The Rot Doctor


Subject: HELP!! (termite damage)
Date: Tue, 08 Apr 2003

Dear Rot Doctor,

Your web site is quite impressive and informative. I'm very interested in learning more and getting some specific advice before I order the products. The supporting beam in my basement toward the front side is damaged by termites. I've got the company to do the chemical treatment to prevent any further damage, but I'm not sure what to do about the already damaged beam. It will cost about $3,000 to replace it. The cross-section of the beam is 4"x 4", and the total span of termite damaged area is about 12 feet. The damage above the window is the most severe area with a big, open cavity (see images). Area next to the opening sounded hollow when tapped, and has a few small holes. There is another area with open cavity and a lot of dust-like powder. The rest of the beam only has patches of discoloration with hollow-sounding pockets.

Beam Rot 1

Beam Rot 2

My questions:

1. Is this job too big for your epoxy?

No. Our epoxies are commonly used for these kinds of structural repairs.

2. What products should I get?

I would suggest one of our 2-gallon units of CPES, one of our 2-gallon units of Layup & Laminating Resin, and one of our 5# bags of sawdust.

3. How much of each product do I need?

See above. The whole beam should be treated with the CPES, and CPES should be allowed to run freely through the termite tunnels, as well as over the entire accessible exterior of the beam. It may take the two gallons, but only mix as much of the CPES as you think you will use at one time. If there is any CPES remaining and it is kept unmixed in the cans with the lids screwed on, the shelf life is over 10 years.

It's difficult to predict exactly how much of the L&L Resin you will need because it will depend on how extensive the interior tunnel network is. But I do believe that the 2-gallon unit should be sufficient.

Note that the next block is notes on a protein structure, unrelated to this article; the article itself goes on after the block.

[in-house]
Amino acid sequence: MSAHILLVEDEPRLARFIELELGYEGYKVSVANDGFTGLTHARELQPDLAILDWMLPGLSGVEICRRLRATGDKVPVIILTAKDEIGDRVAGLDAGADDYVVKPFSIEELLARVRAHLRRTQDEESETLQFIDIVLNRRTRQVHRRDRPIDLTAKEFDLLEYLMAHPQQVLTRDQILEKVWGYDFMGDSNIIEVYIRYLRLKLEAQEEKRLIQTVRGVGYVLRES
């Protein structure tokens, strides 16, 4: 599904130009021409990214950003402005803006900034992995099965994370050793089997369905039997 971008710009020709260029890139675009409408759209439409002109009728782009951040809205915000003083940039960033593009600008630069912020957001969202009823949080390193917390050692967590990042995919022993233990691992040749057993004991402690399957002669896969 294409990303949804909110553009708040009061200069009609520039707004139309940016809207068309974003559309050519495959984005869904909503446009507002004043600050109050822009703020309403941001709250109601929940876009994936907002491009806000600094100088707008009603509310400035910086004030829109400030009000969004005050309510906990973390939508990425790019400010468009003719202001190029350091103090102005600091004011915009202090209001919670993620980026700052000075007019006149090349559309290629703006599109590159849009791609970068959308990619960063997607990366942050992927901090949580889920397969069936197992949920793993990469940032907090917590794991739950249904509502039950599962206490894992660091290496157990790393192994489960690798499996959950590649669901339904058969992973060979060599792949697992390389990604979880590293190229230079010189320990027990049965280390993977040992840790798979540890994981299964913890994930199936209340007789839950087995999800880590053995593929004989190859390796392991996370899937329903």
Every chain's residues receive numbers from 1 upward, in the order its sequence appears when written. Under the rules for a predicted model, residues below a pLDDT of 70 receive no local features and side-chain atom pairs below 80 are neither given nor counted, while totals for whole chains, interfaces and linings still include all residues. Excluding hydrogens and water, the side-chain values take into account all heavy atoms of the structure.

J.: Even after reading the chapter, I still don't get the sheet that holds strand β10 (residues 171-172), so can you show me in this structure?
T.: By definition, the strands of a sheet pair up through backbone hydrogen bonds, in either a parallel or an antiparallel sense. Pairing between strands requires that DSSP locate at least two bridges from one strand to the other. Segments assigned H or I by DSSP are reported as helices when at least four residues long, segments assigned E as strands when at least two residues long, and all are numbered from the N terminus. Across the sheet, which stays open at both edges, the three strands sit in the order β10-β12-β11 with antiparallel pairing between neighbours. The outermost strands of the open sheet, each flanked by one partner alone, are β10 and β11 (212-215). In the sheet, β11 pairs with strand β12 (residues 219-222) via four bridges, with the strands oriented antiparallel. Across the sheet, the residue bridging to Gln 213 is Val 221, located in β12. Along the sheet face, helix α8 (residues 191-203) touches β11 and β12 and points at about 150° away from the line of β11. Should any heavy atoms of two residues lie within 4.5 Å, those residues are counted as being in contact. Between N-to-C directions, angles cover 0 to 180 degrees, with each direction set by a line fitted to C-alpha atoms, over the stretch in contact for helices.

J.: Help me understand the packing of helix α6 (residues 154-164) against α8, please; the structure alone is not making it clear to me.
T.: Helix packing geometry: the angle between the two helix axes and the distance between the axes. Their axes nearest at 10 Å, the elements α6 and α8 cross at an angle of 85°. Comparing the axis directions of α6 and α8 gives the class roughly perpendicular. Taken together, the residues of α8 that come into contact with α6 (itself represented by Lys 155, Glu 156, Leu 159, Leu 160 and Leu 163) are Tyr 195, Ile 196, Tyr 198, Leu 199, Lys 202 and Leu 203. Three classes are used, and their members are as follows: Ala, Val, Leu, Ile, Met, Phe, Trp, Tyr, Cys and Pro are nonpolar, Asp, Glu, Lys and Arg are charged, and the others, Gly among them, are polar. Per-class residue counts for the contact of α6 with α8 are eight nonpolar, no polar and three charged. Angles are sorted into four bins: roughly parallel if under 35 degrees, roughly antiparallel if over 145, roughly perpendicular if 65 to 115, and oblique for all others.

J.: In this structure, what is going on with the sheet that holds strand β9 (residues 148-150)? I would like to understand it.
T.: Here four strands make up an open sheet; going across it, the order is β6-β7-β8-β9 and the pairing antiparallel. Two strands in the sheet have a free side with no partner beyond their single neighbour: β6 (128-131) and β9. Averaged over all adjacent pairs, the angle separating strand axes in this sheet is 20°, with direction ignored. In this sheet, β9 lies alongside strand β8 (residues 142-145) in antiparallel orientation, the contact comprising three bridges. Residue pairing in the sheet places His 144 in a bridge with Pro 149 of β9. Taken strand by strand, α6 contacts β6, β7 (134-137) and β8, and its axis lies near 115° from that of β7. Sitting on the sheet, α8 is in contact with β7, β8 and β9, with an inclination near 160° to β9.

4. In terms of technical difficulty on a scale of 1 to 10 (1 being all thumbs, 10 being professional) how would you rate this job? (I think I'm somewhat handy)

How about a "5"?

5. How do I infiltrate the CPES at the open cavity? Should I use duct tape to patch it up, then drill a hole above it and inject the CPES? Or just squirt the CPES over it?

I would inject the CPES into all the holes and brush it freely over the exterior of the beam. You will also be drilling downward sloping access holes near the top edge of the beam (or the top surface if you can get to it), and CPES should be flooded into these holes. CPES will run out, so be prepared to have it drip down around the beam. We remind you that CPES produces powerful organic solvent fumes when first applied, so we recommend that during the CPES application you wear a respirator mask capable of filtering organic solvent fumes. We sell one, or you can obtain one at your home store.

6. Do I have to clean up all the dust-like wood power before I use CPES?


Thanks much.
Alfie T.


Thanks for the pictures...very helpful.

Here is the procedure you should use:

1. Drill access holes and treat all of the wood generously with the CPES, as noted above.

2. Allow at least a week to pass.

3. Come back and cover as much of the exterior of the beam as possible with kitchen wrap (Saran Wrap type stuff). This can be applied to a piece of cardboard and then put against the facing as a dam.

4. Inject (using something like a turkey baster) pure Layup & Laminating Resin into the access holes. If you see it starting to leak out, dam the leaking area. You want to allow the L&L Resin to work its way through the insect tunnels.

5. In 24 hours you can come back and remove all the blocking material.

6. Inspect all the holes. Those that are still open can be pumped with a soft pumpable mix of our Layup & Laminating Resin and wood flour. We sell empty standard 10 oz cartridges/plungers that can make this easier. After pumping the holes can be closed with a piece of 2" clear shipping tape to hold in the mix. This tape can be peeled off after 24 hours.

7. Finally, come back yet again (in 24 hours or longer) and fill remaining all holes, vacancies, cavities with a stiff mix you make from our Layup & Laminating Resin and sawdust.

That's it. You have made a structural repair, stronger then the original wood and rot-proof indefinitely.

Here is our website link that may give you some help:

And feel free to come back if you have additional questions.